Project number: 2011-232
Project Status:
Budget expenditure: $17,709.60
Principal Investigator: Tom Madigan
Organisation: Abalone Association of Australasia Inc
Project start/end date: 14 Sep 2011 - 2 Aug 2012


Tissue sulphite residue is a significant issue due consumer sensitivity. Although estimates are highly
variable; commonly quoted figures suggest that about 1% of people are sulphite-sensitive, and of that group, 5% have asthma (USFDA, 1988). One to four percent of all asthmatics may be sulphite sensitive, with this rising to 5-10% among steroid-dependent asthmatics (SPDNA, 2004). There are few data on how much sulphite is required to produce a response in a sensitive individual; however Simon (1998) and Lester (1995) reported that most would react to ingested metabisulphite in quantities ranging from 20-50mg.

The sensitivity issue has lead some countries to impose limits on sulphite residues in abalone flesh (eg Japan 30ppm, Canada 100ppm, pers comm. A. Ziolkowski, SECC) while others such as China, a major market for Australian abalone, have no standards for sulphite residues so have adopted a zero tolerance policy (pers comm L. Feazey, AQIS). As much of Australia’s abalone exports to China go via the vulnerable grey channel there has been interest in eliminating blueing by non-sulphite means acceptable to Chinese authorities. This would then allow entry of the product via legal channels.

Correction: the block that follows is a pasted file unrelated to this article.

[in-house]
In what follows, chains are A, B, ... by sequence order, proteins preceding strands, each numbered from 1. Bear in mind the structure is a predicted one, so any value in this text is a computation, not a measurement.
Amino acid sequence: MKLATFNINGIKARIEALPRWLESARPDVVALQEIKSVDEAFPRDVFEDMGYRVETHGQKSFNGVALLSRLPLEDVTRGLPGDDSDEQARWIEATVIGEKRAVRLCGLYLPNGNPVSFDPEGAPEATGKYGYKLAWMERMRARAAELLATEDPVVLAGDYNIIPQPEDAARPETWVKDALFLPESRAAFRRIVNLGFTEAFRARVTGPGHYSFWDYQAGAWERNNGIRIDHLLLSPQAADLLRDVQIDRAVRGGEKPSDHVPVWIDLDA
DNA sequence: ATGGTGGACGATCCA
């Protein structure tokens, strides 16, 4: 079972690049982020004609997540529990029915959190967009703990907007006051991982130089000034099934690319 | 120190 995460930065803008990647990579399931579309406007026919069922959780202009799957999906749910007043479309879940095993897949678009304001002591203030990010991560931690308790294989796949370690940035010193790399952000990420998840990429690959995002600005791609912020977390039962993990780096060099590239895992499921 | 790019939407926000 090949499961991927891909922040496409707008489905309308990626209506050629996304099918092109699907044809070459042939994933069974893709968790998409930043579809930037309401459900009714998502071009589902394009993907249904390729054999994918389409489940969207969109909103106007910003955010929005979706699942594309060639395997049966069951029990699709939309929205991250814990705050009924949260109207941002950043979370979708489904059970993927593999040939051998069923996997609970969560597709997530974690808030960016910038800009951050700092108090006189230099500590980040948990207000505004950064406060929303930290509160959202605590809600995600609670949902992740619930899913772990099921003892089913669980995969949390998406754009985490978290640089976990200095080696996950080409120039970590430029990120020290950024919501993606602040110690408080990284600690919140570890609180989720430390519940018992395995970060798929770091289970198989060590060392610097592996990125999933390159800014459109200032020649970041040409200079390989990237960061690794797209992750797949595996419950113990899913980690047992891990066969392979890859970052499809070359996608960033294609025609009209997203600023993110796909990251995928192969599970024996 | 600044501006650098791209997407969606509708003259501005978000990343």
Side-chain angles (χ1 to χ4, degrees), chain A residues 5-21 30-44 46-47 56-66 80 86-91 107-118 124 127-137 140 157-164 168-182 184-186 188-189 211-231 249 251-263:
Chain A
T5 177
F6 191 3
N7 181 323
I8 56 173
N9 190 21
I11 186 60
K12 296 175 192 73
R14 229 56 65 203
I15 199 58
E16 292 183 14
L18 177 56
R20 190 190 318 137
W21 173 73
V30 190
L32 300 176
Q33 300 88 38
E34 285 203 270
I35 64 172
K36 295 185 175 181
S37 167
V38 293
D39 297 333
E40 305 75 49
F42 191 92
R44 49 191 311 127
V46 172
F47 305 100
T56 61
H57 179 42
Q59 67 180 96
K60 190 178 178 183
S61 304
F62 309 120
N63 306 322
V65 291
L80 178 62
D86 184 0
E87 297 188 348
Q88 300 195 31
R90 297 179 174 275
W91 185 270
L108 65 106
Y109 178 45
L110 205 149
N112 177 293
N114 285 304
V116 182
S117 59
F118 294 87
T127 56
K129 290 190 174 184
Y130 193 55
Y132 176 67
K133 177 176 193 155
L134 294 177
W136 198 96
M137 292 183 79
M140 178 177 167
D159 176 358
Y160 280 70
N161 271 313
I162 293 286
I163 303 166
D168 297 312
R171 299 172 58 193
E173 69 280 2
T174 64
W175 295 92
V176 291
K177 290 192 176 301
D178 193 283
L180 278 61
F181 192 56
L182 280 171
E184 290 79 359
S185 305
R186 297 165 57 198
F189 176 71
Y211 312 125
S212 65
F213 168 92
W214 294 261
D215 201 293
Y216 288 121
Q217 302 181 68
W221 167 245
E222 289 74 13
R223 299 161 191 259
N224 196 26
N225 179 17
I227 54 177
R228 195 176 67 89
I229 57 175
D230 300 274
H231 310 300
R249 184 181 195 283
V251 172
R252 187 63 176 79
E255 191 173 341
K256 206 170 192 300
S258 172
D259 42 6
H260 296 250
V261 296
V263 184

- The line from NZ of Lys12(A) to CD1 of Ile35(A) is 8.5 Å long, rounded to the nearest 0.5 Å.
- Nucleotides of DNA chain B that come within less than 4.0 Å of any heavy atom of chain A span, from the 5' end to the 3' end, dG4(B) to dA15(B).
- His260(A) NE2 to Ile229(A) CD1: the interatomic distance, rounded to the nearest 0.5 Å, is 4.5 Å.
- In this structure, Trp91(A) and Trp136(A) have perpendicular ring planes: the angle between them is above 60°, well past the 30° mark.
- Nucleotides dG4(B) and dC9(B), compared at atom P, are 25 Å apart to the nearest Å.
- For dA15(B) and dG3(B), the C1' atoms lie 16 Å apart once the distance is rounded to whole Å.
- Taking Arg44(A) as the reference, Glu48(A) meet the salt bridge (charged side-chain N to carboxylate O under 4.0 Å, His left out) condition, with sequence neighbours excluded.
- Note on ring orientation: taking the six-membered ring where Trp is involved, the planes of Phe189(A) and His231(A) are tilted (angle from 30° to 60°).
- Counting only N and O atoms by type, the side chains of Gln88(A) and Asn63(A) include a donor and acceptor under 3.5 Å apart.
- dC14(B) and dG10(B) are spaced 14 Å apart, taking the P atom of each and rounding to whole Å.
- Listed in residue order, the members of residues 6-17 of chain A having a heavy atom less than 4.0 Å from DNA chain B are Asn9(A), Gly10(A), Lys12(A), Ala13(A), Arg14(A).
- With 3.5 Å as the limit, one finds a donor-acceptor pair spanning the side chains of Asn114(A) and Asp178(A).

The development of a novel non-sulphite anti-blueing agent has the capacity to significantly influence abalone processing, and improve market access, increasing profitability. This supports FRDC’s RD&E Plan Industry Program NRP ”Frontier Technologies for building and transforming Australian industries” and the associated Rural R&D priority “Improve productivity and profitability of existing industries… .” Theme 7 of the Industry Program is also highly relevant: “improve productivity through operational efficiencies, new technologies…”, as is the associated Performance Indicator: “Development of knowledge, processes and technologies to improve productivity and profitability of the commercial sectors”.


1. To engineer cost-effective food-permitted non-sulphite additives to be used in place of sulphiting agents to prevent blueing of abalone during canning and processing

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